This is one of the most controversial stories to have come out of Liverpool from World War Two: I shall leave it up to you to decide whether or not you believe it ...
It is clearly the case that Liverpool has always been home to many wonderful people and to quite a number of eccentric characters as well. Sadly, the City has also had its share of some quite unsavoury people. However, the worst of these residents may well have been the 20th Century’s greatest villain, Adolf Hitler.
The father of the German Dictator was named Alois Schicklgruber (1837–1903) but, believing this surname was preventing him from advancing in his career as a middle-ranking clerk in the Austrian Customs Service, in 1876, Alois changed his family name to ‘Heidler’. However, another clerk, this time in the Registrar’s Department, inaccurately wrote the name down as ‘Hitler’ in the official records, and so it remained.
Alois, who was a notorious womaniser, married three times, the last time to Klara Poelzl (1860-1907). They had six children, one of whom, born on 20th April 1889, was Adolf. The family had moved to the important Austrian town of Linz, in 1894, and this was where the boy was to spend most of his childhood.
Adolf Hitler was a sickly child who was doted on by his rather ineffectual mother. She was completely dominated by her husband, who had no interest in his children and spent most of his time in the beerkeller, or keeping his many hives of honey bees. By the time Adolf reached his late teens he had grown into a moody, irritable, anti-social, and permanently dishevelled young man. Adolf’s miserable and angst-ridden personality seems to have been largely innate, but his negative temperament was certainly exacerbated by his many disagreements with his overbearing and bullying father. If Alois communicated with his children at all it was mostly to persistently yell at them.
Records of Hitler’s early life are limited because, once he became the ‘German Fuehrer’, he had most of them destroyed or re-written. What documents do survive confirm that his mother died of breast cancer, in 1907, with a grief-stricken Adolf at her bedside. Records then show that, by 1908, Adolf Hitler had moved to Vienna. He had set up home here to study, in the hope of fulfilling his ambition of becoming a great architect and painter. However, young Hitler simply was not talented enough, and was refused a place at the Viennese Academy of Fine Arts. This rejection added to his resentments, as did the fact that he then had to take a series of menial jobs in the Austrian capital, simply to keep from starving.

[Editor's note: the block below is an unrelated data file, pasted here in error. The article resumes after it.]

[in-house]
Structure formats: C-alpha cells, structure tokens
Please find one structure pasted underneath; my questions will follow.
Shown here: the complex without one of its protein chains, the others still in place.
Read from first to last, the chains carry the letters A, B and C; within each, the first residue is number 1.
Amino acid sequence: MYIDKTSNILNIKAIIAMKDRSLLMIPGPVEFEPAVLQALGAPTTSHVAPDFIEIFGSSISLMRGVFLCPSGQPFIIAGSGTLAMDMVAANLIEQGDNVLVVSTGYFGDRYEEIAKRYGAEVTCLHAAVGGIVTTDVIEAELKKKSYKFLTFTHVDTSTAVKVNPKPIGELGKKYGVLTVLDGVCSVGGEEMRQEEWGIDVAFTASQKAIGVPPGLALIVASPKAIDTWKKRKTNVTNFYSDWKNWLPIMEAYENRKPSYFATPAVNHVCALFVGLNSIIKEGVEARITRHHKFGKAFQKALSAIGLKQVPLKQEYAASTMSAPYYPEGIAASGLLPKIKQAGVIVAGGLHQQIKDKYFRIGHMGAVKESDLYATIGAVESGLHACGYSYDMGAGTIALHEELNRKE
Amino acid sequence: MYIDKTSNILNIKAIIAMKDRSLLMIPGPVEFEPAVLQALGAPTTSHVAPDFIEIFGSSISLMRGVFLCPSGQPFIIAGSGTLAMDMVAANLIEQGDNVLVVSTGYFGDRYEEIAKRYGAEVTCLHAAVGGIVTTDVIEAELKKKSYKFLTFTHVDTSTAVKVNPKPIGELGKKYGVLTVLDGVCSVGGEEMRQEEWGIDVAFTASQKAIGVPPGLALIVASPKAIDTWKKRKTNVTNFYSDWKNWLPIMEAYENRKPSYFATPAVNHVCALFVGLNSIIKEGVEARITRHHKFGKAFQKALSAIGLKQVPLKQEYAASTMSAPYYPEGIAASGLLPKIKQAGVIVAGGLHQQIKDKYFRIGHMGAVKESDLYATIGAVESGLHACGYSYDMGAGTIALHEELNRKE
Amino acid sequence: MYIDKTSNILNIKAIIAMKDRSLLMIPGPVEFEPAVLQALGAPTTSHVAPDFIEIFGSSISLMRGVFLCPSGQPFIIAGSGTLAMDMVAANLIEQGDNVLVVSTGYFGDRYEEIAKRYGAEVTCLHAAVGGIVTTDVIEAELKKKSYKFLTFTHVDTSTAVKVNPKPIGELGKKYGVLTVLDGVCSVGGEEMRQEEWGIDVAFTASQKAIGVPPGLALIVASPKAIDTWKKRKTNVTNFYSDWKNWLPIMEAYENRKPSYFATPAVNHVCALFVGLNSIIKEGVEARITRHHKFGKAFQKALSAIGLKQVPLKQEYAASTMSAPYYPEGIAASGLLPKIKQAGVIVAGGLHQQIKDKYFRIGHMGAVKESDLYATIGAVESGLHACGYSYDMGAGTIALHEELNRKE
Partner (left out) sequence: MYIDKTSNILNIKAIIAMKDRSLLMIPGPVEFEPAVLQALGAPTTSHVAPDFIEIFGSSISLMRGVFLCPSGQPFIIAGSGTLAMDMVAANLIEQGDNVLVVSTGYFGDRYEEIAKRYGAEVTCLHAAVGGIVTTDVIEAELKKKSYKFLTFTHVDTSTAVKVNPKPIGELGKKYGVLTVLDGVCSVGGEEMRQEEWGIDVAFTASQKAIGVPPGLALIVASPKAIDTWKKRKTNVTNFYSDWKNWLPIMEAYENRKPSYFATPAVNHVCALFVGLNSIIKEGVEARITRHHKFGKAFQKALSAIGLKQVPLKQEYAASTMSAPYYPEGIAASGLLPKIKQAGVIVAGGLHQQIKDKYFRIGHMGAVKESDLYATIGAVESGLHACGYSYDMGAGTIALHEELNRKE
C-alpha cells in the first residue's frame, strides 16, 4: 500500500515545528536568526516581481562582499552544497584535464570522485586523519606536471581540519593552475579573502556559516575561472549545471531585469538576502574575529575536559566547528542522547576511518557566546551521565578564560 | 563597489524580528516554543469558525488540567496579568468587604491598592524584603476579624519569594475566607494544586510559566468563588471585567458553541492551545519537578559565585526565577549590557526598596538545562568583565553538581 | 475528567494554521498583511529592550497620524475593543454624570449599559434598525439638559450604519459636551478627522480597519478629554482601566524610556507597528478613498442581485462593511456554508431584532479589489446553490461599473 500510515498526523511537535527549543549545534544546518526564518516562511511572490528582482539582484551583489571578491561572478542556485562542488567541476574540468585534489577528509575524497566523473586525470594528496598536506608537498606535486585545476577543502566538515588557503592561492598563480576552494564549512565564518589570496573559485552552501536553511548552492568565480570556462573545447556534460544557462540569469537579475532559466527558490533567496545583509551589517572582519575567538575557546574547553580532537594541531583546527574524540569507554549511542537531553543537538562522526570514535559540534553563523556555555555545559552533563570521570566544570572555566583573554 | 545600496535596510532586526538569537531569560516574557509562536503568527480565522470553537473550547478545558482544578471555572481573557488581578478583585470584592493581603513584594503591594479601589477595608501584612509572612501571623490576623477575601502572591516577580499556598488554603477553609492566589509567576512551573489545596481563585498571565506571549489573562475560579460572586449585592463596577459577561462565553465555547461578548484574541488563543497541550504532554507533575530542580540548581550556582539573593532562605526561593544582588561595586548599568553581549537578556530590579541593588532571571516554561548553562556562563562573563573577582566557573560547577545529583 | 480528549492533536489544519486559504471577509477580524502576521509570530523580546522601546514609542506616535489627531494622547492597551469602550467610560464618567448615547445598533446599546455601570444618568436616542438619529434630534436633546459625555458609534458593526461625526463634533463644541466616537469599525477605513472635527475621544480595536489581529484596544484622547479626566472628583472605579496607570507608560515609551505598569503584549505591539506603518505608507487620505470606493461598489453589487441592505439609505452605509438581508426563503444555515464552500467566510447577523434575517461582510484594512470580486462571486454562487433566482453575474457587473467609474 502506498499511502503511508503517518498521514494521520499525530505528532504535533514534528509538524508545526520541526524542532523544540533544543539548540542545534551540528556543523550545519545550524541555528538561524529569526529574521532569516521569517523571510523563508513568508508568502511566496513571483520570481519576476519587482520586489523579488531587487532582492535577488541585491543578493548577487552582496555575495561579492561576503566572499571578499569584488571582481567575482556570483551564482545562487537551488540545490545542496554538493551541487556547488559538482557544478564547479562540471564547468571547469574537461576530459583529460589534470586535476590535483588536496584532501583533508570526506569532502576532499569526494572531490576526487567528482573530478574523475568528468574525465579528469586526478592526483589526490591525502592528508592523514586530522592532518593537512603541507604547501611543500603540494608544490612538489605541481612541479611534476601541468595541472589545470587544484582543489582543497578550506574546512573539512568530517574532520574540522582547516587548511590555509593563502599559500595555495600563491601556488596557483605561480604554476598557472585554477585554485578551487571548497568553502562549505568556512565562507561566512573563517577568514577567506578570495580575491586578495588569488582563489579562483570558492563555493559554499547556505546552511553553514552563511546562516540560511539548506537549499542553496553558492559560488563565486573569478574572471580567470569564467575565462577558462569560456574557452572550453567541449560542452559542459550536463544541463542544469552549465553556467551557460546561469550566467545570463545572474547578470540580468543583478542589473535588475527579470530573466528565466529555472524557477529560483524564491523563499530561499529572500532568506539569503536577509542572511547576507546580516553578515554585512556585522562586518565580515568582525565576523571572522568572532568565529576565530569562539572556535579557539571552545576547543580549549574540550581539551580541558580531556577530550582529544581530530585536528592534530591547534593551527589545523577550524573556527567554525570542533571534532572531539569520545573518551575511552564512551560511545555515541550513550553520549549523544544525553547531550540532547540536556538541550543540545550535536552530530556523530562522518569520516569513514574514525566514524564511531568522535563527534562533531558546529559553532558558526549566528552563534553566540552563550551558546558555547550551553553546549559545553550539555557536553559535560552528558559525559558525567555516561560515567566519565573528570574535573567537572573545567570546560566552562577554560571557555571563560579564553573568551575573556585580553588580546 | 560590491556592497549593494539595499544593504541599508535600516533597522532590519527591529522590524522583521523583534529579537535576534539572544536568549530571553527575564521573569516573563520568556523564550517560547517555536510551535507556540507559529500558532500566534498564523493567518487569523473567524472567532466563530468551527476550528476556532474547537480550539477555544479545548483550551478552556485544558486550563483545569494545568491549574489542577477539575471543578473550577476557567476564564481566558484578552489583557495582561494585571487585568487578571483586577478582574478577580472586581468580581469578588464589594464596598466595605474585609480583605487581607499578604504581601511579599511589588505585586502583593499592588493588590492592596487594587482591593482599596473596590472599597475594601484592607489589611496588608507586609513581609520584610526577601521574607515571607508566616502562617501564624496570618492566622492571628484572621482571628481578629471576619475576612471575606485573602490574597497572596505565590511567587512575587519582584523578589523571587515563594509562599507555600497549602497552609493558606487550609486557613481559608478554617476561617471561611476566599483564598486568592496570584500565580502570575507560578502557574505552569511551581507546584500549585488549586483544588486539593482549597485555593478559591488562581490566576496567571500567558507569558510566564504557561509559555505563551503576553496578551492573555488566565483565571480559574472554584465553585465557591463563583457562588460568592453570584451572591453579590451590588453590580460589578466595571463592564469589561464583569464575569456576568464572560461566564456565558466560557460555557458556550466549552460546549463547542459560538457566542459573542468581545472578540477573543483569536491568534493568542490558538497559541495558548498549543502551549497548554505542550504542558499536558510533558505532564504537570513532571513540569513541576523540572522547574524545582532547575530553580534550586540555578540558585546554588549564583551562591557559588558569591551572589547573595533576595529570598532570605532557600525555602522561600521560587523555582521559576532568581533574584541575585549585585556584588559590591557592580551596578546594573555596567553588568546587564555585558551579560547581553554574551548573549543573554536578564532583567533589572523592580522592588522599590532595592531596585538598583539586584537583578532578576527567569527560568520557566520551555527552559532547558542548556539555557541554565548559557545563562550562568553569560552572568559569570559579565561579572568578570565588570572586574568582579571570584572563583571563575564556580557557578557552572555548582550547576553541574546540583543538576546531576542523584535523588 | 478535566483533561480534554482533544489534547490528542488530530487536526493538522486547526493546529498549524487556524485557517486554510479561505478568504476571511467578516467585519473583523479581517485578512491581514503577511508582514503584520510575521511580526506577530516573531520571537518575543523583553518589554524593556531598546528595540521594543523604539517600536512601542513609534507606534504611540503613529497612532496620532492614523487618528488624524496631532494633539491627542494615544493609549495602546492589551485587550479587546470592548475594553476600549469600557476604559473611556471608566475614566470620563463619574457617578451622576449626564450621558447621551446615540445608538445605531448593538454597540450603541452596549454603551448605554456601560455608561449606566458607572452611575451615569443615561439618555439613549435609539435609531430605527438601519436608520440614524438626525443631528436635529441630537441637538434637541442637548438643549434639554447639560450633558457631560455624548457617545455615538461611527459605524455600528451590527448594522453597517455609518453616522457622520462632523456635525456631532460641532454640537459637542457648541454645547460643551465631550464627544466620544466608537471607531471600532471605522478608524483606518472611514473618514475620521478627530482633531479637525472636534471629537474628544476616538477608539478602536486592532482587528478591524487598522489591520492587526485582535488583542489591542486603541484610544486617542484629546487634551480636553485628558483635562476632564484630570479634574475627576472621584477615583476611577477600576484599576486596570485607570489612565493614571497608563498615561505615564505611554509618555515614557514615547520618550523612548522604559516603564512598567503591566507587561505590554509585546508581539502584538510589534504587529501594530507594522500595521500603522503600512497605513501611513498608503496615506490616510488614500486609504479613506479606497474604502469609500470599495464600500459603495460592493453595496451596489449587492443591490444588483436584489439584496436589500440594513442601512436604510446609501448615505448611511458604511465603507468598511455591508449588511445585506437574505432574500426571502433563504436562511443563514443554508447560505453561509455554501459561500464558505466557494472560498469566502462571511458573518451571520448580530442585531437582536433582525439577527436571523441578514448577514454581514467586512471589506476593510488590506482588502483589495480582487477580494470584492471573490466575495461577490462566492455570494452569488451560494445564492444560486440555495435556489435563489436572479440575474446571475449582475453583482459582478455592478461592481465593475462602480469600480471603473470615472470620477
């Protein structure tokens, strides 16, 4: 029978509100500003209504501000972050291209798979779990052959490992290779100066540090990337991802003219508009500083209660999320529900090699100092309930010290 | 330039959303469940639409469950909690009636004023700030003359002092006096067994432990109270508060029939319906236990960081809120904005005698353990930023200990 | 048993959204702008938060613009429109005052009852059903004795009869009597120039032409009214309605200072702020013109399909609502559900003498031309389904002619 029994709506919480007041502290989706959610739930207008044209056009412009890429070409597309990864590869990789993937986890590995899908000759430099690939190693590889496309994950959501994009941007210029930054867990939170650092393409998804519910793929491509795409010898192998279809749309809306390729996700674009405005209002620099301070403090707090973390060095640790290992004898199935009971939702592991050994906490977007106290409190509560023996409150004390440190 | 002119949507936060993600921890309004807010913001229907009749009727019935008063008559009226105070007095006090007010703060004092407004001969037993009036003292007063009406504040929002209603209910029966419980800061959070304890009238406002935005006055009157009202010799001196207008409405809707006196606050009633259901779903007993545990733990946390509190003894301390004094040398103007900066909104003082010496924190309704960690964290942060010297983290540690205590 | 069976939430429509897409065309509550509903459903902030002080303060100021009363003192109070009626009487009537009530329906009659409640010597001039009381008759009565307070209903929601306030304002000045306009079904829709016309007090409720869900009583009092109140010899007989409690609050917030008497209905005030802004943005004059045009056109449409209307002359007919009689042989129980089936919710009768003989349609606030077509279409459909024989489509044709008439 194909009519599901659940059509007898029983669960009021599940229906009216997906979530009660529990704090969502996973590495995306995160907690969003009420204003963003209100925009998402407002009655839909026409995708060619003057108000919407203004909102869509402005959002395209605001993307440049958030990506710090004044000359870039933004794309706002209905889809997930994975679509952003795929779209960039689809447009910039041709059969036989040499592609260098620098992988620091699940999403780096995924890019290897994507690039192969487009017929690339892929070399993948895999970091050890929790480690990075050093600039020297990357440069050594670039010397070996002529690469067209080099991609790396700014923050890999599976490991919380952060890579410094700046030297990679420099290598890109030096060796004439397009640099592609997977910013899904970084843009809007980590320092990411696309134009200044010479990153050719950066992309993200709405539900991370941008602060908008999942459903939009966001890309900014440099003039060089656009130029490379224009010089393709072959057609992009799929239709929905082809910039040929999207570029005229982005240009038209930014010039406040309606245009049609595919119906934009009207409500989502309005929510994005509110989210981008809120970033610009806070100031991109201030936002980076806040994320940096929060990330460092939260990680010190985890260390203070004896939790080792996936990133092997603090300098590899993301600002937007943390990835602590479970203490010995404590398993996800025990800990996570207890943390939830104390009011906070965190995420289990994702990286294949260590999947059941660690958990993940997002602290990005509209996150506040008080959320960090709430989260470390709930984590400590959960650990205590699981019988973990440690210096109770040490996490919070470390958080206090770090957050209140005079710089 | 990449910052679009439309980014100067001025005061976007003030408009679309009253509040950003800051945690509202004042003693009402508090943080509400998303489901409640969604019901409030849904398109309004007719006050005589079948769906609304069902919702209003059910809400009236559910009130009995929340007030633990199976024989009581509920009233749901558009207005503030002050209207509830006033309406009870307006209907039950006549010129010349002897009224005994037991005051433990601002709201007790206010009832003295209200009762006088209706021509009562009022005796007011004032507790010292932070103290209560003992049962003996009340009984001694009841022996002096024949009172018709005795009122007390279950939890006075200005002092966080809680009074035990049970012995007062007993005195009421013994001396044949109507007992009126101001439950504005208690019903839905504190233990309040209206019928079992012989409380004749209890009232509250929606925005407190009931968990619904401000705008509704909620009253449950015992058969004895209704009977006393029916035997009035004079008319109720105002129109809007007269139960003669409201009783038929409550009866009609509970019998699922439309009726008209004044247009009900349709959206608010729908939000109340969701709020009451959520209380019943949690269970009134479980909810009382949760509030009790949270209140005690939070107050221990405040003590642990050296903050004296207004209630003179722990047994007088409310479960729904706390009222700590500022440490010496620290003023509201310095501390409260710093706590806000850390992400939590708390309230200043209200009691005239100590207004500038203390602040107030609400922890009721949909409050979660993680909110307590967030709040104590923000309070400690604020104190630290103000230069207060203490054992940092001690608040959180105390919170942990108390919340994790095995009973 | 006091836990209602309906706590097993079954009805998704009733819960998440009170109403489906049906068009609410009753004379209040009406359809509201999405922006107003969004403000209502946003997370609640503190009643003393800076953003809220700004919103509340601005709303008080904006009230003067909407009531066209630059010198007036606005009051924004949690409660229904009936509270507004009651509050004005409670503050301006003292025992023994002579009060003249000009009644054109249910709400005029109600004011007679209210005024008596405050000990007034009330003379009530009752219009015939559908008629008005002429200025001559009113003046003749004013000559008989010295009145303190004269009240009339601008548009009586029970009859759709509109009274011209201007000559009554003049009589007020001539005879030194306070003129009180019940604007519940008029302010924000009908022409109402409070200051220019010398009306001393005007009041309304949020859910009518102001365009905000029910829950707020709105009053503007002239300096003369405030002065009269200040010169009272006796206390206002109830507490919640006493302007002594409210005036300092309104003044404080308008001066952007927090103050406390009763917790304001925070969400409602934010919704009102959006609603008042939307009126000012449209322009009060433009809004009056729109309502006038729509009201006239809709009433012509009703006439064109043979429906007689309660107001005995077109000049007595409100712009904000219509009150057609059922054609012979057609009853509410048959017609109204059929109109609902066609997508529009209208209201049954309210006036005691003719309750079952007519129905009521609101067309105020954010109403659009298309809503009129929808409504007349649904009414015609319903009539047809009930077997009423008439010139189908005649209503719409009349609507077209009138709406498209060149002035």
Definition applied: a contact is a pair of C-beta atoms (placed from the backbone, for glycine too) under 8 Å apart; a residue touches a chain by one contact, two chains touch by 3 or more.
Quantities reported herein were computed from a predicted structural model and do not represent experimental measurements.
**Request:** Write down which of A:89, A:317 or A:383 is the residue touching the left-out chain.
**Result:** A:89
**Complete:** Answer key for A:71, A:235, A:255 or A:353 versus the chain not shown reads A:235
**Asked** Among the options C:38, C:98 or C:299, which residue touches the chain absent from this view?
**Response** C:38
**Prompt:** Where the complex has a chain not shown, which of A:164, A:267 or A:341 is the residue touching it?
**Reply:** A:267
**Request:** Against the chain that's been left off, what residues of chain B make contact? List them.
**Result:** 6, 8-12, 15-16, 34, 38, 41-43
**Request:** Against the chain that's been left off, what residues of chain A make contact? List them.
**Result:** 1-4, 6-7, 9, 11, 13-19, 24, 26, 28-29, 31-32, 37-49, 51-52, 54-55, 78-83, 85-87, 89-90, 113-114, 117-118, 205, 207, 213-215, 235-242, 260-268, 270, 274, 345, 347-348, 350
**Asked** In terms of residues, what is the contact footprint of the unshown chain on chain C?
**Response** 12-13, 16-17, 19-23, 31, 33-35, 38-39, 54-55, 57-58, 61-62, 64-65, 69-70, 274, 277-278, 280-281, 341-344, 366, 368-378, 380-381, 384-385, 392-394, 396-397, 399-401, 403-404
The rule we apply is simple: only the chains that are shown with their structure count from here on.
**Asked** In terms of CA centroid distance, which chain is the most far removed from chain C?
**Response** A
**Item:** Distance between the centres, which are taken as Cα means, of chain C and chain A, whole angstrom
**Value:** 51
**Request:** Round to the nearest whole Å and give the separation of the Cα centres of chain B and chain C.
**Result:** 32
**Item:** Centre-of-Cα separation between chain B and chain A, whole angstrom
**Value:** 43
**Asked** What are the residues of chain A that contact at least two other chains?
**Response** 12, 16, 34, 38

There are a number of telling gaps in Hitler’s personal history, particularly between the years of 1912 and 1914. It is now generally accepted that he was about to be called-up for national service in the military; something he really did not want to do, so it is likely that he simply ran away. Many people now believe that, in fact, in November 1912, and at the age of twenty-three, Adolf Hitler left Vienna and travelled to England.
At least, this is what a type-written manuscript seems to say. This set of papers is alleged to have been written, sometime in the 1930s, by Hitler’s sister-in-law, Bridget Hitler (1891-1969), and it was discovered in the New York Public Library, in 1972. Signed by Bridget, and entitled ‘My Brother-in-Law Adolf’ (Ref No ZL-344), the accuracy of the neatly-bound pages is questioned by some but completely accepted by others. In the text is confirmation of a long-held belief that Adolf Hitler spent some of his ‘missing years’ in the Toxteth district of Liverpool.
By the time of Adolf Hitler’s disappearance from Vienna, his half-brother, Alois Hitler Jnr. (1882-1956), had already left the family home, in 1896, at the age of fourteen. Also failing to find a meaningful career he resorted to theft, and served two prison terms as a result; one in 1900, and another in 1902. Spending some time in Paris, with equally unsuccessful results, Alois eventually came to London where he found work as a cook. In 1908, he moved to Dublin where, at a horse show in 1909, he met seventeen-year-old Bridget Dowling.
The couple had ambitions, and so they eloped to the ‘City of opportunity’, Liverpool. Here they ran a small restaurant in Dale Street, a small hotel on Mount Pleasant, and a boarding house on Parliament Street. However, each of these business ventures was unsuccessful, so the Hitlers of Liverpool had very little money. Alois Jnr. and Bridget rented a flat at 102 Upper Stanhope Street, which runs off Princes Road in Toxteth. It was here, on the 12th March 1911, that their only child, William Patrick Hitler, was born.
In her manuscript, Bridget Hitler describes how her half-brother-in-law, Adolf, came to stay with them at Stanhope Street, between November 1912 and April 1913. However, his miserable and bitter nature, as well as his general untidiness and limited level of personal hygiene, meant that he was an irritating and unwelcome guest; at least as far as Bridget was concerned.
She describes how Adolf would mope about and, when she insisted that he get out from under her feet and try to find some work, he simply wandered the streets of the great city. There is no evidence that Adolf Hitler ever took any form of work during his short time in Liverpool but, during the 1970s, when I was employed in Toxteth as a community worker, I met a number of older local people who remembered him. They confirmed (or perhaps simply repeated) many of the myths and legends surrounding Hitler in Liverpool.
They said how he was a solitary figure, drinking silently in the corners of pubs in Toxteth, as well as in the Poste House pub, in Cumberland Street in the city centre. They told me too, how he also spent a lot of time in the Walker Art Gallery, in William Brown Street. This stands adjacent to the tall, commemorative column dedicated to The Duke of Wellington.